It is difficult to see how this present course of terrorism can be stemmed save by most energetic measures on the part of the Government which is now virtually obliged to show whether it can maintain order impartially over all political factions or if it again must make concessions to Herr Hitler. Since the appointment of a Reich commissioner for Prussia (see despatch No. 1841 of July 25)29 a number of police and civil officers are reported to have been relieved simply [Page 308] because they were objectionable to the Nazis. This procedure undoubtedly must tend to undermine the morale and the efficiency of a service. A glaring example of this was witnessed during the troubles at Konigsberg, whence a certain Major of Police had recently been transferred following a complaint against him by Hitler. It appears that this police officer had refused to permit SA and SS formations to line the streets and to form cordons on the occasion of Hitler’s recent visit to that city. The latter protested by telegram to President von Hindenberg and to the Chancellor, and the officer was transferred.

If in fact the morale of the police should become lowered by such examples to the extent of rendering them inefficient, Hitler would then undoubtedly seek to justify acts of terror of his followers on the ground of self-defence against Left partisans—which argument he already has invoked—and demand the policing of Prussia, if not of the Reich, by his “private army”. In fact the Reich Minister of the Interior has already held a conference with the Minister-Presidents of the Nazi States of Oldenburg and Mecklenburg-Schwerin and the Minister of the Interior of the Nazi State of Braunschweig with the reported object of discussing the possibility of recruiting extra or emergency police from the ranks of Hitler’s Brown Army.

Although urged by all elements in the country, except the extreme Right, to take vigorous measures to check the wave of terrorism, the Cabinet has been loath to take concrete steps, and this has increased popular uneasiness and given rise to the easily comprehensible suspicion that the Government would go to great lengths to avoid action which would lead to direct collision with the Nazis. Although high officials, including Dr. Bracht, the Acting Reich Commissioner (see despatch No. 1841 of July 25, page 4) have announced that the Government would repress with impartial severity disturbances of public law and order, from whatever direction they might come, the Government has not yet overtly gone beyond the field of threats. However, the Cabinet is known to be considering measures to combat this outbreak of excesses, which are understood to be similar to those prescribed in the decree of July 20 (see telegram No. 150 of July 21)31—and since revoked (see despatch No. 1846 of July 27, page 12)31—and to envisage more rigorous penalties for political crimes, together with the creation of special Summary Courts empowered to inflict the death penalty.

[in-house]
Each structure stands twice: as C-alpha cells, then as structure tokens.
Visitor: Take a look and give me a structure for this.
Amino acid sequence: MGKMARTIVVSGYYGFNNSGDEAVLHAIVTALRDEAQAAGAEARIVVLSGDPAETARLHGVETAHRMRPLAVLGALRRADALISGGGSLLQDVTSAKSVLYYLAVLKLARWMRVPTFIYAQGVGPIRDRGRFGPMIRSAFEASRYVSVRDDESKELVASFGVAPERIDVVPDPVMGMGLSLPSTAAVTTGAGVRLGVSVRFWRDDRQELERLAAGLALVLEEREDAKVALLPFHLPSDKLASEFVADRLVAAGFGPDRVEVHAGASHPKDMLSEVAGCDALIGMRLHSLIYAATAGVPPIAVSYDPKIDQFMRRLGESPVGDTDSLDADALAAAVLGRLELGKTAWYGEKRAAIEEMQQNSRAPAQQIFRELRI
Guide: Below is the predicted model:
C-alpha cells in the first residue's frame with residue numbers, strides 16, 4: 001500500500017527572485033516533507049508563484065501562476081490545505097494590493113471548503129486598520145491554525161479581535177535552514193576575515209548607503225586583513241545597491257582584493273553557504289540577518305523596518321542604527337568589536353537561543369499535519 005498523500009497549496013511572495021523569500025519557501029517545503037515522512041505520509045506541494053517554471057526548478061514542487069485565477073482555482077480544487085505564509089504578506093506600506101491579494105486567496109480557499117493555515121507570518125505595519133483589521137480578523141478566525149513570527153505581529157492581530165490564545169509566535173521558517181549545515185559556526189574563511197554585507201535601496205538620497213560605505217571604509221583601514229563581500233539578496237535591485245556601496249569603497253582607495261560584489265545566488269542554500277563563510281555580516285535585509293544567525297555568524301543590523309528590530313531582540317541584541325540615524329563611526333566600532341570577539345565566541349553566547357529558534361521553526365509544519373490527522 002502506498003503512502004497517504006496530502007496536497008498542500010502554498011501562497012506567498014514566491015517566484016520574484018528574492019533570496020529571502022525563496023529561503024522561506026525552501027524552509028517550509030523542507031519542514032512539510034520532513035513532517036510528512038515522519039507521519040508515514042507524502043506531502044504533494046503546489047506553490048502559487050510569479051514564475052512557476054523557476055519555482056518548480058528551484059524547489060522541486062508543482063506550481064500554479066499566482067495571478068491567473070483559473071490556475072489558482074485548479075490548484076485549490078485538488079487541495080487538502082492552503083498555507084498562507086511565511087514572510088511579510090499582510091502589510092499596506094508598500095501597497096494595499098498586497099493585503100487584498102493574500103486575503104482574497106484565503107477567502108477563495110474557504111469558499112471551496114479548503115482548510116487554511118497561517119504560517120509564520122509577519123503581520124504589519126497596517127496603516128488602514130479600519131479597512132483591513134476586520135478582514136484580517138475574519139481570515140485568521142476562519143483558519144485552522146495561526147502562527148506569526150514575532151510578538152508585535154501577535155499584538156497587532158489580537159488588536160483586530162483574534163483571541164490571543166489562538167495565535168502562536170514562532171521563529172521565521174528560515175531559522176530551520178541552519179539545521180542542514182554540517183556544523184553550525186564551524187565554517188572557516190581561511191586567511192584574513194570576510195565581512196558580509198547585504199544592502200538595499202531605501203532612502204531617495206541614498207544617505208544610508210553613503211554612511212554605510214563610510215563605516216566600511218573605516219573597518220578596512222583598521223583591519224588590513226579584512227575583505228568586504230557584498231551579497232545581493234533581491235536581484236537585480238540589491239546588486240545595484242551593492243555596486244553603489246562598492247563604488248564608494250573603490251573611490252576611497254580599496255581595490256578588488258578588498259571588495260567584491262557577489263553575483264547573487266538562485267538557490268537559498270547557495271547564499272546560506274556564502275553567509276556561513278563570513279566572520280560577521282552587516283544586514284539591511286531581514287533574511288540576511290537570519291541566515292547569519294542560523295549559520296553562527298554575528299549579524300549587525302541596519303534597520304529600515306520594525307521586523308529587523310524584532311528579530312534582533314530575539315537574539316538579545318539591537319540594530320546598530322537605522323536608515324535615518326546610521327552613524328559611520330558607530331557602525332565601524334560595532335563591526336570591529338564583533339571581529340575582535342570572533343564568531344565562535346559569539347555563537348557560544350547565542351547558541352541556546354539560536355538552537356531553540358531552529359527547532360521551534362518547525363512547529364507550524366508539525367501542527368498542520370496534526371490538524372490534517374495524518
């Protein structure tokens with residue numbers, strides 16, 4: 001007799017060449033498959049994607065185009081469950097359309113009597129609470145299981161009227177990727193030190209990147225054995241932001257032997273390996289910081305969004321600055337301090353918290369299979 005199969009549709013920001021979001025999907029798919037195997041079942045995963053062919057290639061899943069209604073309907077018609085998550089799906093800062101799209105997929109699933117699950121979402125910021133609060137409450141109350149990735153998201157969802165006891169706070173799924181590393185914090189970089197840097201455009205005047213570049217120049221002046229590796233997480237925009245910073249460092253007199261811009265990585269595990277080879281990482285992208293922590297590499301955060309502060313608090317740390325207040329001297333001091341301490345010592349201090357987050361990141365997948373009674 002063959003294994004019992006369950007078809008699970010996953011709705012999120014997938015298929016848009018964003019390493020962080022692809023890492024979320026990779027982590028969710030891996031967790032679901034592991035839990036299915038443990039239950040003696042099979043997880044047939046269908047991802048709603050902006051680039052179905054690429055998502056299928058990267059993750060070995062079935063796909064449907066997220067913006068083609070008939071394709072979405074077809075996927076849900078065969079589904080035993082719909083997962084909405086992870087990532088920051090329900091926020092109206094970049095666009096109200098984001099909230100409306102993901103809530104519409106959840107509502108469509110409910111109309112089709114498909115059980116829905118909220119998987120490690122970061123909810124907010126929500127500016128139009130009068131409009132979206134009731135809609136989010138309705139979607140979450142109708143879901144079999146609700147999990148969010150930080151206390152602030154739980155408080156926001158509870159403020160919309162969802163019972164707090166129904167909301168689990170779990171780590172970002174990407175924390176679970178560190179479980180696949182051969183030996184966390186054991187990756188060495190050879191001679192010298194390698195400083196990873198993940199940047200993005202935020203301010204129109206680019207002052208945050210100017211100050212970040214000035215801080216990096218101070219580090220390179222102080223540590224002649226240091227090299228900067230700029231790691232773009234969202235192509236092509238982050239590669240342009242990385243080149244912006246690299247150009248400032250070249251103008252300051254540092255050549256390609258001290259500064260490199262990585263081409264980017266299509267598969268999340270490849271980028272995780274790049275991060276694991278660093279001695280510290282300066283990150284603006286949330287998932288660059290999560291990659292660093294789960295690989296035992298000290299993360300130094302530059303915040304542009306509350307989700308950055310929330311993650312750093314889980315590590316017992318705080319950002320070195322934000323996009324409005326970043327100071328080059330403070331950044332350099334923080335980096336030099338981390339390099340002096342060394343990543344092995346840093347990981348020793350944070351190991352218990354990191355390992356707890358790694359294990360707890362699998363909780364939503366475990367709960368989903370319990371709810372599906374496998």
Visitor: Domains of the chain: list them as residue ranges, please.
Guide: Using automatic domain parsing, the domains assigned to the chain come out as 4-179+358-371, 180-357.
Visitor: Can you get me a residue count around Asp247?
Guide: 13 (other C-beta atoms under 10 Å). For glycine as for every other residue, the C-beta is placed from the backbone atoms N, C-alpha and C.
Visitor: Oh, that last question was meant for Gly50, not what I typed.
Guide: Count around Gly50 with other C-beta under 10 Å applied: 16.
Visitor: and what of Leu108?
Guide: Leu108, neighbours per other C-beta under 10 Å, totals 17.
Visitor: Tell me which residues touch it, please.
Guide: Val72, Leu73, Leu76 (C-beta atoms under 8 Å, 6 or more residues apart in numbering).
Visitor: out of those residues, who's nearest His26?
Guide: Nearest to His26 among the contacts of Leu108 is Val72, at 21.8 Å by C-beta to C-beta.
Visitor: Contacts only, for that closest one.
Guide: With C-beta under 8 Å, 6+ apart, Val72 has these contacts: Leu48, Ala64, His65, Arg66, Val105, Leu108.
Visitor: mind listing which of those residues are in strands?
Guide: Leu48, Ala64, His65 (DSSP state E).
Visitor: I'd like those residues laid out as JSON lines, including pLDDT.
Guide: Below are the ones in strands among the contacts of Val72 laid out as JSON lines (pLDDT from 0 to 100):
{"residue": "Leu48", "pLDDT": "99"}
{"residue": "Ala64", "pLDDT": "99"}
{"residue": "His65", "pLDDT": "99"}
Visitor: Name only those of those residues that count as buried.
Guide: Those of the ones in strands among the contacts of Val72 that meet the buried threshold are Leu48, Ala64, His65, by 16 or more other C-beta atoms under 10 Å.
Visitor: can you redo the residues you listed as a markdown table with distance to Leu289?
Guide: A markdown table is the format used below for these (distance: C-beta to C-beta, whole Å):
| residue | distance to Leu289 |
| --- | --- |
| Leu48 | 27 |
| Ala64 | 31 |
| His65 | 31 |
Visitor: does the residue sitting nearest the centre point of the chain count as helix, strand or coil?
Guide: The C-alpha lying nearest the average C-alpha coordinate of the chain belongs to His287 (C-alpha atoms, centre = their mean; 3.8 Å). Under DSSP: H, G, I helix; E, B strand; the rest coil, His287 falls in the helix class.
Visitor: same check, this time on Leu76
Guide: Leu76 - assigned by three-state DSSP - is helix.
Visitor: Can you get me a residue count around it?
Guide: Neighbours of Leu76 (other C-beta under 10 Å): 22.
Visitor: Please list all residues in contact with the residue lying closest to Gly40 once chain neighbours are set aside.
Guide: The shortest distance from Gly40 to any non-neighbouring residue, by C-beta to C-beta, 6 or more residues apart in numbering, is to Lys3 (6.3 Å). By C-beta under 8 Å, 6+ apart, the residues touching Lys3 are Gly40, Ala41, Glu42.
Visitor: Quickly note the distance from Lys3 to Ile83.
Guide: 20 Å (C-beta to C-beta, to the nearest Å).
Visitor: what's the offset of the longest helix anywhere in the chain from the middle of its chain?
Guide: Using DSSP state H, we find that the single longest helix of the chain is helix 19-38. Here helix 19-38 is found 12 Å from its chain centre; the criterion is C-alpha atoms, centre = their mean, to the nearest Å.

August 11, 1932.

Since the above was written, on the night of August 9, the Government finally issued three decrees to combat political excesses in the [Page 309] Reich the penal measures of which resemble in substance those of the decree “concerning the re-establishment of public security and order in Berlin and the Province of Brandenburg” promulgated with Chancellor Von Papen’s appointment as Reich Commissioner for Prussia (see despatch No. 1839 of July 25, 1932).32

Of these three decrees two are presidential and one executive, signed by the Chancellor and the Minister of Justice.

The first presidential decree, on the basis of Article 48 of the Constitution, provides death sentence for offences normally punishable by a term in the penitentiary and commitment to a penitentiary for offences normally punishable by imprisonment. The second presidential decree extends until August 31 the political truce which was in effect during the first ten days of this month, thereby prohibiting all political meetings until the end of the month. The executive decree institutes summary civilian courts in the Prussian districts where acts of terrorism have been committed recently.

Translations of these three decrees will be transmitted to the Department in a subsequent despatch.

Respectfully yours,

Frederic M. Sackett